"A preliminary report suggests that mask wearing and social distancing may curb the spread of disease from humans to great apes."
"The mountain gorillas that live in Rwanda’s Volcanoes National Park have frequent encounters with humans. On any given day, the animals might come across smartphone-toting tourists, fecal-sample-swiping biologists or antibiotic-administering veterinarians.
So when the coronavirus started spreading around the world in early 2020, experts worried that people might unwittingly pass the virus to the endangered apes, which are known to be vulnerable to a variety of human pathogens.
“In the past, other human viruses have caused respiratory illness in the gorillas,” said Dr. Kirsten Gilardi, the executive director of Gorilla Doctors, an international team of veterinarians that provides care for wild gorillas. “We were on pins and needles wondering, OK, if this virus gets into the mountain gorillas, what’s it going to do?”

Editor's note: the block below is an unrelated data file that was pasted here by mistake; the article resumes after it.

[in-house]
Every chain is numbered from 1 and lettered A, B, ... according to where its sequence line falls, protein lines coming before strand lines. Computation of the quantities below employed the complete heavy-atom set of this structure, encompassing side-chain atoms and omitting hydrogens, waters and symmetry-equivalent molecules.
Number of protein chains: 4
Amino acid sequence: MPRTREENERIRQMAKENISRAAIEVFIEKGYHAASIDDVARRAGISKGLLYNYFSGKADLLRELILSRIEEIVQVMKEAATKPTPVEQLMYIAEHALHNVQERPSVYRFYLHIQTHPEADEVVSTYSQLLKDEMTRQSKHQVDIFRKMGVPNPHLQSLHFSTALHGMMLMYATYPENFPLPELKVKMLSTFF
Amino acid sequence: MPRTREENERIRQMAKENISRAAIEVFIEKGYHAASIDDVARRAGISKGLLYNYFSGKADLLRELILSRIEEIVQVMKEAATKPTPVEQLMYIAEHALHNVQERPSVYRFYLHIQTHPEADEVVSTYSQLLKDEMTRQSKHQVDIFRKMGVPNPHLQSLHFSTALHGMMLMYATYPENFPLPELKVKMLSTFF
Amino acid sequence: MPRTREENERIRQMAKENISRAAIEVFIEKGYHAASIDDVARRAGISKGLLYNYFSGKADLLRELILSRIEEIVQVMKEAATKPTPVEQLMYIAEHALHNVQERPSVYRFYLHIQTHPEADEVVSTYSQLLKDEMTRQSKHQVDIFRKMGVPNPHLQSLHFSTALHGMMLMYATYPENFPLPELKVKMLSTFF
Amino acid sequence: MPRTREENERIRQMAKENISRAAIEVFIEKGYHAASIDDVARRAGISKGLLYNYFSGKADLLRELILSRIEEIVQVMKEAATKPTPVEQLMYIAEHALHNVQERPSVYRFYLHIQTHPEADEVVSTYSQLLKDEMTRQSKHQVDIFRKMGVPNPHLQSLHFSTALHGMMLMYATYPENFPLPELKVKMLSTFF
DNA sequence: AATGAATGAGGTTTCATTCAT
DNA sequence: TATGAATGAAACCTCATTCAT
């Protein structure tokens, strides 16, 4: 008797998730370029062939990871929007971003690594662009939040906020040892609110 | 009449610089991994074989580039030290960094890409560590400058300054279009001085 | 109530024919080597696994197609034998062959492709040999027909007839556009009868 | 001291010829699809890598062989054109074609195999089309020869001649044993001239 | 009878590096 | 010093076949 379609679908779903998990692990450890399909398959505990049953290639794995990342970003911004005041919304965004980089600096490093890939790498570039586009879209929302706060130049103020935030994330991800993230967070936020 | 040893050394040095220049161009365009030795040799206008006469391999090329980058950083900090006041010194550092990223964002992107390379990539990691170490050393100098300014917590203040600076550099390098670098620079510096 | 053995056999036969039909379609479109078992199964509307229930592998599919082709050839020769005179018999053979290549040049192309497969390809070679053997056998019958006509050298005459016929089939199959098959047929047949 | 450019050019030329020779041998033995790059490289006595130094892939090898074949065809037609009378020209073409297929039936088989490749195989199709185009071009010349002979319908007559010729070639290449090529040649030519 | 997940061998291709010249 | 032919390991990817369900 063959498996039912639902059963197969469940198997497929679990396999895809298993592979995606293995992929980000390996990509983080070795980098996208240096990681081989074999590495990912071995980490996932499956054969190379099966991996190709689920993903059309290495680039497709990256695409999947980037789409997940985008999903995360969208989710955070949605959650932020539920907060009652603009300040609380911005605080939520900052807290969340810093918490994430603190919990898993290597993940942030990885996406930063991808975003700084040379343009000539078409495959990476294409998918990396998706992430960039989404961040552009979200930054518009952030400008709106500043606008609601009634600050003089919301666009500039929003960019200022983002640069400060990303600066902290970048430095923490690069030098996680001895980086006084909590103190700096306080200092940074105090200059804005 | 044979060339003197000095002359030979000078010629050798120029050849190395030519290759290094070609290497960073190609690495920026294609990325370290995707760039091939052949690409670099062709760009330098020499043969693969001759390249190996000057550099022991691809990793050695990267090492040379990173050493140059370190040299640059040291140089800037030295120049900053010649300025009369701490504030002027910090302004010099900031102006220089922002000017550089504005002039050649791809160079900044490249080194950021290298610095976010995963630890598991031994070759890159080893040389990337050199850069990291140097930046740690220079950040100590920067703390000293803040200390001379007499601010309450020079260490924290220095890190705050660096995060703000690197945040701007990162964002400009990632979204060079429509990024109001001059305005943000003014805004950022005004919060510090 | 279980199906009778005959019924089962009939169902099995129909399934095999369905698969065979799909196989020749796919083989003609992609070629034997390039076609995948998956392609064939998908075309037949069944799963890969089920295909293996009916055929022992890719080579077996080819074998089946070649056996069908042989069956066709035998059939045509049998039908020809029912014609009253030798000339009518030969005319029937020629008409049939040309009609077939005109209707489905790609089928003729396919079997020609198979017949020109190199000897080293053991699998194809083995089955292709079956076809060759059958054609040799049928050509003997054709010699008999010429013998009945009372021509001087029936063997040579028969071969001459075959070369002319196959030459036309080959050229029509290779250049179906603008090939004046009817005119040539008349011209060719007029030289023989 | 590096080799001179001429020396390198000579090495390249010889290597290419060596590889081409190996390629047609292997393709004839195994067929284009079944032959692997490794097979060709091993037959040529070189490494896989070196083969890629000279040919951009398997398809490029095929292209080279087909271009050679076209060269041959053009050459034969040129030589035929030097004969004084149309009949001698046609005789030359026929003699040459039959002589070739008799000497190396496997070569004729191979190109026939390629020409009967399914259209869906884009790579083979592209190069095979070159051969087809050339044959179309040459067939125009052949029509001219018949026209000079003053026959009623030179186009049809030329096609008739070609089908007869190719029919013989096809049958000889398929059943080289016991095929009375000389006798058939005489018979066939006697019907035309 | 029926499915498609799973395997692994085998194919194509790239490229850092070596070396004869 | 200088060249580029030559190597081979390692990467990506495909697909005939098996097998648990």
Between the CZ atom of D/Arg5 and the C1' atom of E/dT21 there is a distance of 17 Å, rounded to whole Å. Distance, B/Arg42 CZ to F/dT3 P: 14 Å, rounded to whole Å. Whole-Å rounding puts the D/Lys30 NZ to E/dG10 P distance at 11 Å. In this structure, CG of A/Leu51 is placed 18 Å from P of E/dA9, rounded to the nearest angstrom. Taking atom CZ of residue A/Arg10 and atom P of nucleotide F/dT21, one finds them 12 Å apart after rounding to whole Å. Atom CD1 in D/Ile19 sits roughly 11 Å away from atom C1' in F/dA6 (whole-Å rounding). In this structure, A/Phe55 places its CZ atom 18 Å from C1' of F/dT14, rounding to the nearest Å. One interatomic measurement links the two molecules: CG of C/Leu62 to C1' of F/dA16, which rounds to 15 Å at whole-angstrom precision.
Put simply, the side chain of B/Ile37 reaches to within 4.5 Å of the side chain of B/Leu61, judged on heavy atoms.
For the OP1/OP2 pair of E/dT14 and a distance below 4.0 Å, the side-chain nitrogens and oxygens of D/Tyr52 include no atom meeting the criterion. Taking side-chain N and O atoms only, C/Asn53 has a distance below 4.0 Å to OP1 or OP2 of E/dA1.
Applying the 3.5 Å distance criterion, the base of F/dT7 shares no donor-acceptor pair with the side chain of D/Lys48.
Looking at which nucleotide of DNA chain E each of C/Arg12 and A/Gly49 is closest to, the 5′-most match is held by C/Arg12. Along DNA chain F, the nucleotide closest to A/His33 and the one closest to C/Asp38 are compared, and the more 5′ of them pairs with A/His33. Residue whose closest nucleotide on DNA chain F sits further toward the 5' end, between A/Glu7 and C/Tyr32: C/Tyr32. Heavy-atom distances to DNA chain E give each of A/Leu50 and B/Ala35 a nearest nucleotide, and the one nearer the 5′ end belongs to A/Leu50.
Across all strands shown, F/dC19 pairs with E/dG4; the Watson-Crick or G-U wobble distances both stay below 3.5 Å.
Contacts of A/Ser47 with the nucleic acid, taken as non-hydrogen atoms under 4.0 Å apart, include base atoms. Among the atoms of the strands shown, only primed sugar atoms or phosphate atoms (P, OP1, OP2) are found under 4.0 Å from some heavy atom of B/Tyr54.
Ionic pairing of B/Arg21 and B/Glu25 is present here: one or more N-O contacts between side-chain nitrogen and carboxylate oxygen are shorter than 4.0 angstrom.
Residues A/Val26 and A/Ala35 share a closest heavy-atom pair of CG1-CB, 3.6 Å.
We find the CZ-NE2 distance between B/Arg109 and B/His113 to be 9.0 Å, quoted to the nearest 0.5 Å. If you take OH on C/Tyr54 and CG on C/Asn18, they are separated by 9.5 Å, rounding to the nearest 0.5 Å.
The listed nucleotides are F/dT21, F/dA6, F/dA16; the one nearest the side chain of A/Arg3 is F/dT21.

In March 2020, in an effort to safeguard the animals, Rwanda temporarily closed Volcanoes National Park. When the park reopened a few months later, it had strict new precautions in place, including requiring tourists and researchers to wear masks and keep their distance from the gorillas. These rules, plus a general drop-off in tourism, mean that the park’s gorillas have had relatively few close encounters with humans during the pandemic, Dr. Gilardi said."